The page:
CUTTING back on red meat is standard medical advice to prevent cancer and heart disease, but five new systematic reviews suggest that most people can continue to eat red and processed meat as they do now. The major studies have found cutting back has little impact on health.
In new guidelines published on Monday in the Annals of Internal Medicine, a panel of researchers from seven countries suggested that “adults continue current unprocessed red meat consumption.”
The advice — which immediately drew a sharp reaction from other experts — added that adults should also “continue current processed meat consumption.”
The research, published in the journal edited by the American College of Physicians, analyzed multiple studies that, taken together, showed reducing red meat consumption by three servings per week could lower cancer mortality by seven deaths per 1,000 people.
Researchers said any such decline was modest and that they had found only a “low” degree of certainty about the statistic.
They added that the quality of evidence linking processed meat with cardiovascular diseases and diabetes was “very low.”
“So there may be a reduction — or there may not be. People need to make their own decisions. We are giving them the best estimate of the truth,” said Bradley Johnston, an epidemiology professor at Canada’s Dalhousie University and director of the NutriRECS group that put together the guidelines, told AFP.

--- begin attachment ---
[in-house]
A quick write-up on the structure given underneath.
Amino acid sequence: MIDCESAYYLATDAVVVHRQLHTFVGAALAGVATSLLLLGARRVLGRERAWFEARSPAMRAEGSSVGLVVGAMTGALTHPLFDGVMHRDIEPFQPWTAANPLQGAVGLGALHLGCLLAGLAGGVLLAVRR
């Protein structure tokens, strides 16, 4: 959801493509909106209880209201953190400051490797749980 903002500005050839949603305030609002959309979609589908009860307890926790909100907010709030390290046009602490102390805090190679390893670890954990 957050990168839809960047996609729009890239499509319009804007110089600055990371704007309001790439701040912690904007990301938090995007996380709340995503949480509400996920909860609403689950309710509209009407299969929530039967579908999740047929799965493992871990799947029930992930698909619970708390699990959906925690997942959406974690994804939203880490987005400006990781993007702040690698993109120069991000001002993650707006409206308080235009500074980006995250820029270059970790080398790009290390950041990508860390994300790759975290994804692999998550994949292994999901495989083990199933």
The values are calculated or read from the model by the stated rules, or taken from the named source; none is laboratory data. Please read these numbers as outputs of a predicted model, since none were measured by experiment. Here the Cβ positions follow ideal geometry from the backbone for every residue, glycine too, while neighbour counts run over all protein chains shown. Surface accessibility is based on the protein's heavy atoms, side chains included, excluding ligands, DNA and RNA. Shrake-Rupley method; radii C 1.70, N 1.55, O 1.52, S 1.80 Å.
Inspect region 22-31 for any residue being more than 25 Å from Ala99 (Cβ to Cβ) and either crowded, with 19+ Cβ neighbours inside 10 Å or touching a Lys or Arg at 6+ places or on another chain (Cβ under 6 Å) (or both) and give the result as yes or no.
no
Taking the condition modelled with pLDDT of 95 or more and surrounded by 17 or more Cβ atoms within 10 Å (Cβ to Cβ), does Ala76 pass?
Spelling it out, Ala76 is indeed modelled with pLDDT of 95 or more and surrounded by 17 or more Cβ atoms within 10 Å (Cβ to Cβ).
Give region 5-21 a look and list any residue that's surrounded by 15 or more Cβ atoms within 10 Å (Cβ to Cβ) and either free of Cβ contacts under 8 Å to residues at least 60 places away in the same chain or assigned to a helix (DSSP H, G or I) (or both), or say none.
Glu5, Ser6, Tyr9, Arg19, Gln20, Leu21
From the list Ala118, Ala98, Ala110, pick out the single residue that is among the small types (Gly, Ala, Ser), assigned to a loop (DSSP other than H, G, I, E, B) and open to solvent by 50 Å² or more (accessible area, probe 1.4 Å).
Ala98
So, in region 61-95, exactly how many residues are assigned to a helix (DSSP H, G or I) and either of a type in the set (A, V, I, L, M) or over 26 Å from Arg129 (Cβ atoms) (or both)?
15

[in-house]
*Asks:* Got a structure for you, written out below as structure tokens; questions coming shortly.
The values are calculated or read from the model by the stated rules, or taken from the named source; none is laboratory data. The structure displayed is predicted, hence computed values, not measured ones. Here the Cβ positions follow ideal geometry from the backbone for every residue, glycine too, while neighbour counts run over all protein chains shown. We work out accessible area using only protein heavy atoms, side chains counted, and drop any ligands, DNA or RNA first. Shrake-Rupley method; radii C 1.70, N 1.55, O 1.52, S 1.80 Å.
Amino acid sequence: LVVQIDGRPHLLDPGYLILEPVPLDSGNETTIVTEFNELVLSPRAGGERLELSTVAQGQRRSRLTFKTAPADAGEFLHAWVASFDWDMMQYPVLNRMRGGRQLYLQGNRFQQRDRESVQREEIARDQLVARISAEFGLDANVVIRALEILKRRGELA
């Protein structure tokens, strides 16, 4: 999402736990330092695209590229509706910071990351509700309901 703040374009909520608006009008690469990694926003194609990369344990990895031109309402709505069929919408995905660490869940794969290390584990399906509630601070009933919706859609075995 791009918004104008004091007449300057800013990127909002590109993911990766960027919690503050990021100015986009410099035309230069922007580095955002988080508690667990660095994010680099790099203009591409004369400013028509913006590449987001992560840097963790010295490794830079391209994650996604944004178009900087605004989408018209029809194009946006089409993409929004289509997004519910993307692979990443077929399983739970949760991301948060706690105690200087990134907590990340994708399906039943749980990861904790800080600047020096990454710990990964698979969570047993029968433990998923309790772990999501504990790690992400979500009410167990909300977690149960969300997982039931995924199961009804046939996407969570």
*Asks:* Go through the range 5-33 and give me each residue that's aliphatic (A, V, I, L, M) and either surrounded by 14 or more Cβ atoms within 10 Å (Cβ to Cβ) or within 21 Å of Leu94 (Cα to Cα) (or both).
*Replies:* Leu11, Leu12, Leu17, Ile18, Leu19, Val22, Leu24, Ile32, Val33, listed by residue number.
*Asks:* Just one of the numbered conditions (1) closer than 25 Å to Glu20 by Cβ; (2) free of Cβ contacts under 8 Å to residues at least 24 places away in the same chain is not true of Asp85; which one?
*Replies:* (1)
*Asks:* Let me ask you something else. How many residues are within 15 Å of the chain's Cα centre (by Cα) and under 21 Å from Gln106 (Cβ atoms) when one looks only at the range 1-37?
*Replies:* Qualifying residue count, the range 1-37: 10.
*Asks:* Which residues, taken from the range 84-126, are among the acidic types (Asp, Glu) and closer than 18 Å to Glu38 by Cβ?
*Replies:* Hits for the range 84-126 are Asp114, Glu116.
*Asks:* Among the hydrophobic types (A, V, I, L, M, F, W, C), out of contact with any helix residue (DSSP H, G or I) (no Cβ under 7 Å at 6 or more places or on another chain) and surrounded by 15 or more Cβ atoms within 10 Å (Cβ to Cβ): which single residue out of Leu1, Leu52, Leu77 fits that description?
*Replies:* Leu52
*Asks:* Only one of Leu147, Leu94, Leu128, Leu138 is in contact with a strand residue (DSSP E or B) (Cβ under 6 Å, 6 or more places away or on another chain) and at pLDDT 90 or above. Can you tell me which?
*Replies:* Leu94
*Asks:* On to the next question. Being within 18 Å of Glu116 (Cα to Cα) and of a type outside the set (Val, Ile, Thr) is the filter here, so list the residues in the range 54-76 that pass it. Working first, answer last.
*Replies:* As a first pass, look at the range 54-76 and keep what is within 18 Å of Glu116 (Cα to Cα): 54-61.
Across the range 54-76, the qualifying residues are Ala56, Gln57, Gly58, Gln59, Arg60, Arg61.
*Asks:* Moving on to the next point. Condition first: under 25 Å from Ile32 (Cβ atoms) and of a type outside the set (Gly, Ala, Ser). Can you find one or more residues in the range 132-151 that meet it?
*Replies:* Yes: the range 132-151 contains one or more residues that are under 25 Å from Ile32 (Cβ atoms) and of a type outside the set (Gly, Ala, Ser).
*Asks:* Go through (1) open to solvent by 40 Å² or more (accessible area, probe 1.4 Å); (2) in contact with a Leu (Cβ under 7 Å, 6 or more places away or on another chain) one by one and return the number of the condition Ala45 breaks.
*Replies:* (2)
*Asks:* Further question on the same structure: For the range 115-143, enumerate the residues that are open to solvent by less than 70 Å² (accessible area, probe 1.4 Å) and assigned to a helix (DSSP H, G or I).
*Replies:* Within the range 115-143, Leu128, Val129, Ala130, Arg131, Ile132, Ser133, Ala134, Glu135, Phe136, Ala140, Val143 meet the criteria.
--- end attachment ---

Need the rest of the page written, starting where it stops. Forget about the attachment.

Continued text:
The researchers said they want to change the “old school” approach of giving general nutritional recommendations, and to bring more focus on evidence of individual benefit.
But eating less red meat and processed meat has been a cornerstone of dietary guidance for decades in many countries and from leading health groups.
The World Health Organization-International Agency for Research on Cancer (WHO-IARC) said that processed meat is carcinogenic, while red meat is “probably carcinogenic.”
In response to the latest guidelines, the World Cancer Research Fund said it would not change its advice.
Marji McCullough, epidemiologist at the American Cancer Society, said the researchers had taken into account people’s personal values and preferences. “It’s kind of like saying: ‘we know helmets can save lives, but some people still prefer the feeling of the wind in their hair when they ride bikes. And let’s face it, most people won’t crash’,” she said. “But everyone agrees you should wear a helmet.”